Researchers Have New Insight into Feline Trichomoniasis


Researchers Identify Parasite

University of Florida researchers have recently identified a new species of Tritrichomonas in domestic cats — finally distinguishing the parasite that causes the disease in felines from the agent previously believed to affect both cats and cattle.


According to researchers, while the disease is just beginning to be understood and tested for in cats, it costs cattle producers millions of dollars each year in lost revenue. “Up to now, there has only been one species, Tritrichomonas foetus, described in the reproductive tract of cattle and the intestine of cats,” explains Heather Walden, PhD, a research assistant professor in the UF College of Veterinary Medicine, a part of UF Health. “We conducted experimental studies putting the feline isolate in cows and the bovine isolate in cats, and saw differences in the disease-causing capacity in each of these animal hosts.”

Combined with molecular analysis of a small group of genes with similar sequencing patterns in cats and in cattle, these studies noted key differences between the species. (The study appeared online in a recent issue of Parasitology Research.) Walden named the newly discovered species Tritrichomonas blagburni in honor of Byron Blagburn, PhD, the Auburn University professor who was her mentor and led her doctoral studies there.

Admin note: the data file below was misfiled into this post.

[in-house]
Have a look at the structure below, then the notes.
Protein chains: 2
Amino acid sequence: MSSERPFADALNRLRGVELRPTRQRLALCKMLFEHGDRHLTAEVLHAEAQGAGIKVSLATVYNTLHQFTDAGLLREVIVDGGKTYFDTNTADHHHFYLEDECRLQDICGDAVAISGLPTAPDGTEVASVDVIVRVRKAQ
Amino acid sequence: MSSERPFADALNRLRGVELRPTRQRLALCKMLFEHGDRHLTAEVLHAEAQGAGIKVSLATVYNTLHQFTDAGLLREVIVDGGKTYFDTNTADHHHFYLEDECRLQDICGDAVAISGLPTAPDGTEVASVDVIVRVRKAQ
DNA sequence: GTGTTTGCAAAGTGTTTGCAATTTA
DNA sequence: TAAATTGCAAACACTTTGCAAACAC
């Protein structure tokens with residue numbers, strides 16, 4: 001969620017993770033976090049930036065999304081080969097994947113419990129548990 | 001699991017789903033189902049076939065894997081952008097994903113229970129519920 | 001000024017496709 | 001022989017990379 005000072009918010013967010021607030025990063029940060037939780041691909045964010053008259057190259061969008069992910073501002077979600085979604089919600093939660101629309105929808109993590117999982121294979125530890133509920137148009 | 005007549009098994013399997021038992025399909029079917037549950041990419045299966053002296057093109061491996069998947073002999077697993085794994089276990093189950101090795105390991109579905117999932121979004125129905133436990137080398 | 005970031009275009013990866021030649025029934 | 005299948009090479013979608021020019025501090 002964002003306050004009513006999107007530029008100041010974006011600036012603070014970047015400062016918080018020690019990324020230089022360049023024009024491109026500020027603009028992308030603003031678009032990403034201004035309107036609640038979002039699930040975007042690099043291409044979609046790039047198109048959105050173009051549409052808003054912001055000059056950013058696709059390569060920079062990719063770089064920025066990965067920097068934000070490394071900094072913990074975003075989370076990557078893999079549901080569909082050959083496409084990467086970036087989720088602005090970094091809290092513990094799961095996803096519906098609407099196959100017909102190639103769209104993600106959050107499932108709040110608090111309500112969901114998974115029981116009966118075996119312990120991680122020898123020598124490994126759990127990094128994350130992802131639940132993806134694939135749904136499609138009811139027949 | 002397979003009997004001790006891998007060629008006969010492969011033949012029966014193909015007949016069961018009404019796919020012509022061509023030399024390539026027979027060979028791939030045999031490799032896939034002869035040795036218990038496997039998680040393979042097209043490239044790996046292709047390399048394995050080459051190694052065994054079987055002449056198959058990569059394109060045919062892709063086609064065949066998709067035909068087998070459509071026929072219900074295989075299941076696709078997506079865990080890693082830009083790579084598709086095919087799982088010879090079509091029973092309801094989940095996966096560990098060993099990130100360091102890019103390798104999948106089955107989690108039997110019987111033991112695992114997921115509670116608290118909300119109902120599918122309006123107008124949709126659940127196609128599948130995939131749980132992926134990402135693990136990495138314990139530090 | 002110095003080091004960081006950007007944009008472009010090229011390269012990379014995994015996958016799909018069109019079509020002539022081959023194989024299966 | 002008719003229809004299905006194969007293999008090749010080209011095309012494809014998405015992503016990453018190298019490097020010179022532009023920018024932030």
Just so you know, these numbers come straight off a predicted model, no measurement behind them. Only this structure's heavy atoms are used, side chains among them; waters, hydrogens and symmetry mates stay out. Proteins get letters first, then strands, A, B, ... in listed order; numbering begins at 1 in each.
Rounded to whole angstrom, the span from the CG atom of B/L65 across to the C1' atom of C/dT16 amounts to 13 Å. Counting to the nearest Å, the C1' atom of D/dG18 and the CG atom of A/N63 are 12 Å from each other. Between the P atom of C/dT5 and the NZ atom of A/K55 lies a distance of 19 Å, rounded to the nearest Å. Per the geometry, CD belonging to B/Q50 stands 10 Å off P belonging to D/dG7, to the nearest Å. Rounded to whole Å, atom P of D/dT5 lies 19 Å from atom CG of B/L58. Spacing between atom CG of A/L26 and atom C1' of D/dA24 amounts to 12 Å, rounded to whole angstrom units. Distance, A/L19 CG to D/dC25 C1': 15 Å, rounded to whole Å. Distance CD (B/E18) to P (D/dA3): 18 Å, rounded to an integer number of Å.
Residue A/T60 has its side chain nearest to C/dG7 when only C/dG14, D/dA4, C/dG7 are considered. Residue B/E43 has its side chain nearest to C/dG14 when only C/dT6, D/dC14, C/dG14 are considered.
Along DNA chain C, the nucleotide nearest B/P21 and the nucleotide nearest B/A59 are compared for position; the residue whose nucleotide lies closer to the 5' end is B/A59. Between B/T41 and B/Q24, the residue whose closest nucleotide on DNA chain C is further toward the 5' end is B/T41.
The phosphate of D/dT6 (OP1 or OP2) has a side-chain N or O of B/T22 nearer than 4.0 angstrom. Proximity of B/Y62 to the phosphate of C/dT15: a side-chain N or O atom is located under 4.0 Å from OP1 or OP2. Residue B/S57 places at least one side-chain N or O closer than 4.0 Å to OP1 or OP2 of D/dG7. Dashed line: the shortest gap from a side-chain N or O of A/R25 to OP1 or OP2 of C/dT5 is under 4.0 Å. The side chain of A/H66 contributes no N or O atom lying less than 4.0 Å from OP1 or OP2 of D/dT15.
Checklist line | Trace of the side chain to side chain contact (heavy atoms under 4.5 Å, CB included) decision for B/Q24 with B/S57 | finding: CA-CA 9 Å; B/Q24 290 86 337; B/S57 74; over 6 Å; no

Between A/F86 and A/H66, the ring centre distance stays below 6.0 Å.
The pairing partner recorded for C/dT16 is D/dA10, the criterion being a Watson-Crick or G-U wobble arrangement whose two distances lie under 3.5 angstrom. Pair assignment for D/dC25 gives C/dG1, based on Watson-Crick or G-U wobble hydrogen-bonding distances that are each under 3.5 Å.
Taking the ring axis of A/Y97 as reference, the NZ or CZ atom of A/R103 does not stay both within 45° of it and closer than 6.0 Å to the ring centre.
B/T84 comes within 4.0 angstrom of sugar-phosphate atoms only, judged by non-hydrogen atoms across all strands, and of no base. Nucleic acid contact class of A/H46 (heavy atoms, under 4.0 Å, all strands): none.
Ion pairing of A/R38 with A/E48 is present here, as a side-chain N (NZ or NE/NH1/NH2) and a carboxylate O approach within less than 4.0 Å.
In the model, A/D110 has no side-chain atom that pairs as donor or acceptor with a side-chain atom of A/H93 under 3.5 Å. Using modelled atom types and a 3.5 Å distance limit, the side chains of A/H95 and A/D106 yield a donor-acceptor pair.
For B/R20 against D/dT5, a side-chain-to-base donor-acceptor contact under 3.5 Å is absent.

“Although we were not the first to note that there were differences genetically between the pathogens that cause trichomoniasis in both cats and cows, in previous studies, many people focused on the genetics of the organism in order to determine species,” says Walden. “Our thought was that you have to look further at hosts and disease states in addition to some of the genetics.”

Signs of the disease

Feline trichomoniasis is an intestinal disease that results in chronic diarrhea, flatulence and fecal incontinence. Bovine trichomoniasis is a sexually transmitted disease of cattle that infects the reproductive tract of cows, causing uterine infections and possible mid- to late-term abortions.

“In cats, people are becoming more aware of the disease and testing for it more frequently now,” Walden said. “Treatment of cats with this disease is problematic, it sometimes works and sometimes doesn’t.” In cattle, however, there is no treatment that prevents infection and the disease is very difficult to test for, particularly in big herds, Walden explains.


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